Mike Allen of Axios observed Wednesday, “President Trump’s firing-via-tweet of Tillerson, following his sudden imposition of tariffs, reflects the president’s increasing comfort with solo use of his awesome power over policy, personnel and politics. It’s getting ever more difficult for aides to disagree with Trump, or stand up to him about the consequences of decisions great and small. We’re told Trump trusts his own instincts and counsel more than he did a year ago. So, it’s getting harder to talk him out of acting on whims and grievances. And with the departure announcements by aides who have had a moderating or restraining influence, he has ever fewer restraints and guardrails.”
The Washington Post reported: “On Tuesday, Trump fired Tillerson, who had forged a tight working relationship with Mattis to try to rein in some of Trump’s most impetuous decisions. ‘I made that decision by myself,’ Trump told reporters at the White House on Tuesday. Though he was talking about North Korea, it is a mantra that has never rung truer in his nearly 14 months as president. Trump’s moves have shaken and alarmed a West Wing staff who fear the president has felt less restrained about acting on his whims amid the recent departures of several longtime aides, including communications director Hope Hicks and staff secretary Rob Porter.”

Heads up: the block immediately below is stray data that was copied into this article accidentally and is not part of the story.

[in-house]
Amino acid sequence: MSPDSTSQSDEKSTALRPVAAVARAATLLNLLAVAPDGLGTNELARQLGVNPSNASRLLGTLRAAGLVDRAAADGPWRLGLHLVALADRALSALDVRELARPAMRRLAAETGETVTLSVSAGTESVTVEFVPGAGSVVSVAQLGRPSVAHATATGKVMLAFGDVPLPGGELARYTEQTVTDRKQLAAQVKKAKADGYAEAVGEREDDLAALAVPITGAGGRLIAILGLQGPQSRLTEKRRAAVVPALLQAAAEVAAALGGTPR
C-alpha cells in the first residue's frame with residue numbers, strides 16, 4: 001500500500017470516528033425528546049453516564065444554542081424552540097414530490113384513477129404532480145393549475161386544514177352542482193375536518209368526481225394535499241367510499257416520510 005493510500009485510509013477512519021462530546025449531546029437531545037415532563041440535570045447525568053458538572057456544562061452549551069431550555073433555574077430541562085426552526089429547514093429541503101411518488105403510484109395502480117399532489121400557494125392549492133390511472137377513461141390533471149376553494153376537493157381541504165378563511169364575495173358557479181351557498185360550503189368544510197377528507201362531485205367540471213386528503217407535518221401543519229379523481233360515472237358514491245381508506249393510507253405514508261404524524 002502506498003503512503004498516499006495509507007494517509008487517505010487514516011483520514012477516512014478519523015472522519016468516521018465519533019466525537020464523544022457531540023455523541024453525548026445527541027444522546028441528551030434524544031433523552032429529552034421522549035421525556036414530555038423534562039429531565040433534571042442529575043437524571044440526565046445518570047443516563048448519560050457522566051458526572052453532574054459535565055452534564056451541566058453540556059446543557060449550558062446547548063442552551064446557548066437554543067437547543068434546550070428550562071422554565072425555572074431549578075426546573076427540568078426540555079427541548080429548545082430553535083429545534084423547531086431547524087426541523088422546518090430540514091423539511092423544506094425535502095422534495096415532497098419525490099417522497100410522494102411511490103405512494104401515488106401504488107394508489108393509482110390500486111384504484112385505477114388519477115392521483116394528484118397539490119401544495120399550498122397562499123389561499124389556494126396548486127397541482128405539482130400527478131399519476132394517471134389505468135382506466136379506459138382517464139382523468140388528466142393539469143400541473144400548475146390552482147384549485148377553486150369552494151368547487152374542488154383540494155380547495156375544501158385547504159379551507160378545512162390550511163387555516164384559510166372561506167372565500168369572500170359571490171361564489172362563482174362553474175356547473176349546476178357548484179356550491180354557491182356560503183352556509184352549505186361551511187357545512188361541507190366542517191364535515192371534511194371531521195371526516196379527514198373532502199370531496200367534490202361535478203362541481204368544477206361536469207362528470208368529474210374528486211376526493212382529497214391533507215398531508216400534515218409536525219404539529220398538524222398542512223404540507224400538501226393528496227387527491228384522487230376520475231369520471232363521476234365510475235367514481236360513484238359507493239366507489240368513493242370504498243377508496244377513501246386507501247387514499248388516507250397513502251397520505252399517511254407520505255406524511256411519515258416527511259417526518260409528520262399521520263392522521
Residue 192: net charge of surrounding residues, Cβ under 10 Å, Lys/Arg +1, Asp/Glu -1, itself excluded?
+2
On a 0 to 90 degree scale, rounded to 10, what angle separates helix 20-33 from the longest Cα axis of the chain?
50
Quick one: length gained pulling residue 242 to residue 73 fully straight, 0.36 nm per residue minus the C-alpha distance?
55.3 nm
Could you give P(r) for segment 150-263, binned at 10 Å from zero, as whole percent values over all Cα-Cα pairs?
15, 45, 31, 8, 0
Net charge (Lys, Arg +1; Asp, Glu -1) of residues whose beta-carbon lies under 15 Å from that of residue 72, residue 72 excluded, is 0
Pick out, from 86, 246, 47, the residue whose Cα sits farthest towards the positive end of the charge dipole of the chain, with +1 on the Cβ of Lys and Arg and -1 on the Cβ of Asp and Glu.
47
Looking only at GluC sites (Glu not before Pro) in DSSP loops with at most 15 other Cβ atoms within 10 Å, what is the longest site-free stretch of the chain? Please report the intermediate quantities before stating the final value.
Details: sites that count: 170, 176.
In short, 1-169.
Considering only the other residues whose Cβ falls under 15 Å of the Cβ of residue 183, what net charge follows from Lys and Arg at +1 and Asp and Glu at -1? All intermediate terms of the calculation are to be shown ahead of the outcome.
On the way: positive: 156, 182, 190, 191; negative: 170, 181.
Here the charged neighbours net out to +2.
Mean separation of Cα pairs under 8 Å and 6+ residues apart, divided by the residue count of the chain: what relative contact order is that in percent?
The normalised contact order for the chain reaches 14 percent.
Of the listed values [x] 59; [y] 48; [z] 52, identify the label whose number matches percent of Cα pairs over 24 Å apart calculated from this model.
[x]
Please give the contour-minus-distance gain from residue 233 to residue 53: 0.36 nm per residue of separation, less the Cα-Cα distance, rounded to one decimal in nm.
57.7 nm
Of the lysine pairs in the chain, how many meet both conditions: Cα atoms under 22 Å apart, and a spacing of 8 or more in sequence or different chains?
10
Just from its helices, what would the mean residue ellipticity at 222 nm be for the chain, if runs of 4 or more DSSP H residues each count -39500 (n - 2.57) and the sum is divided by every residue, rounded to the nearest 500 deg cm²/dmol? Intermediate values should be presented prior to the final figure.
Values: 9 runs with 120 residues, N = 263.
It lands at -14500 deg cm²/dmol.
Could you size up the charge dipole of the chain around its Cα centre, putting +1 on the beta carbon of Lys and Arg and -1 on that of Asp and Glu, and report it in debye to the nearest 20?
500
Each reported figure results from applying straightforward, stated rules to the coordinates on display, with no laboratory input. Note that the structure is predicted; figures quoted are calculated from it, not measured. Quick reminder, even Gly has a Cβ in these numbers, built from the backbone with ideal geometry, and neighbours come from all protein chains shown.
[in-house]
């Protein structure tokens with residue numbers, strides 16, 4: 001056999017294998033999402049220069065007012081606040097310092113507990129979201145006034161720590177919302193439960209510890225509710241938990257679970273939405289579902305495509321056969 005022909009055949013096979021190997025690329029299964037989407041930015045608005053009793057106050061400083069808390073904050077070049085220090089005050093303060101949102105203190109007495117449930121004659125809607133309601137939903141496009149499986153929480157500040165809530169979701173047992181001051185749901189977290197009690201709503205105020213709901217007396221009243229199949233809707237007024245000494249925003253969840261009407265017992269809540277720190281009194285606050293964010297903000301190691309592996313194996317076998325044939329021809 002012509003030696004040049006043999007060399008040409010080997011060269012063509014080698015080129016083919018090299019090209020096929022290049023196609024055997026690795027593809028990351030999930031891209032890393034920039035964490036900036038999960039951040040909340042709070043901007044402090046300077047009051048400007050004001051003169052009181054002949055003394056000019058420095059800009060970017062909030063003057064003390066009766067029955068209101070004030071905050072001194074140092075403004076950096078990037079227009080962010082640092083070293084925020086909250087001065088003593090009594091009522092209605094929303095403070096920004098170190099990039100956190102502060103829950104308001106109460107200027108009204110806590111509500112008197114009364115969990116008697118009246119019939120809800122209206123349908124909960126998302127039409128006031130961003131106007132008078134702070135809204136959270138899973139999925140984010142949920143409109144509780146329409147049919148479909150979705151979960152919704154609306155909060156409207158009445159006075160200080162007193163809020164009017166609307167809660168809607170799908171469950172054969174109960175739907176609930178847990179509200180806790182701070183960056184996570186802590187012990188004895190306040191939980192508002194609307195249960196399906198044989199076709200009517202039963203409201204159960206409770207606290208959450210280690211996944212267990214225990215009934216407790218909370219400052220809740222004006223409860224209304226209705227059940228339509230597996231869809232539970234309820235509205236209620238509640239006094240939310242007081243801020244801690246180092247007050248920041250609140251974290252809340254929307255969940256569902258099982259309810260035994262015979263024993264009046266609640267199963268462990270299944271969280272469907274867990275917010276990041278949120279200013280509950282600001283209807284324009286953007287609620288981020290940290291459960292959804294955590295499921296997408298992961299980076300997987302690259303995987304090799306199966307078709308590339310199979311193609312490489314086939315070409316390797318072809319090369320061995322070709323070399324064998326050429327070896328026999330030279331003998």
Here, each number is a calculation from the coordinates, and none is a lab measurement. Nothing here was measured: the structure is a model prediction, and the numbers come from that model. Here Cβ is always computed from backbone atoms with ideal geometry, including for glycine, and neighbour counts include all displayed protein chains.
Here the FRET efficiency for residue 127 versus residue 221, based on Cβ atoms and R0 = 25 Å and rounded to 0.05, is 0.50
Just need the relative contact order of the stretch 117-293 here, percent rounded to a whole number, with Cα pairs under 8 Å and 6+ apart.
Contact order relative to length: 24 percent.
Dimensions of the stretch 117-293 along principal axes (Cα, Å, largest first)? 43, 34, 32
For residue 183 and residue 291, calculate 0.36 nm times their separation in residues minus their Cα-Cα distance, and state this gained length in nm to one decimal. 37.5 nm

And the New York Times: “Tillerson’s dismissal, on the heels of Gary D. Cohn’s resignation, pulls the Trump administration further out of the economic and foreign policy mainstream and closer to the nationalist ideas that animated Mr. Trump’s 2016 presidential campaign.”
New York Times columnist Ross Douthat: “Trump will begin to usher out his more qualified personnel and replace them with, well, TV personalities — Cohn with Larry Kudlow, perhaps, or H. R. McMaster with John Bolton. But it also promises to further multiply the number of important vacancies within the government, since more true-to-Trump personnel choices would inevitably have some trouble with the confirmation process, which in turn will encourage Trump to take more counsel from the shadow Trumpland of his campaign, where his more misfit-toy advisers tend to congregate.”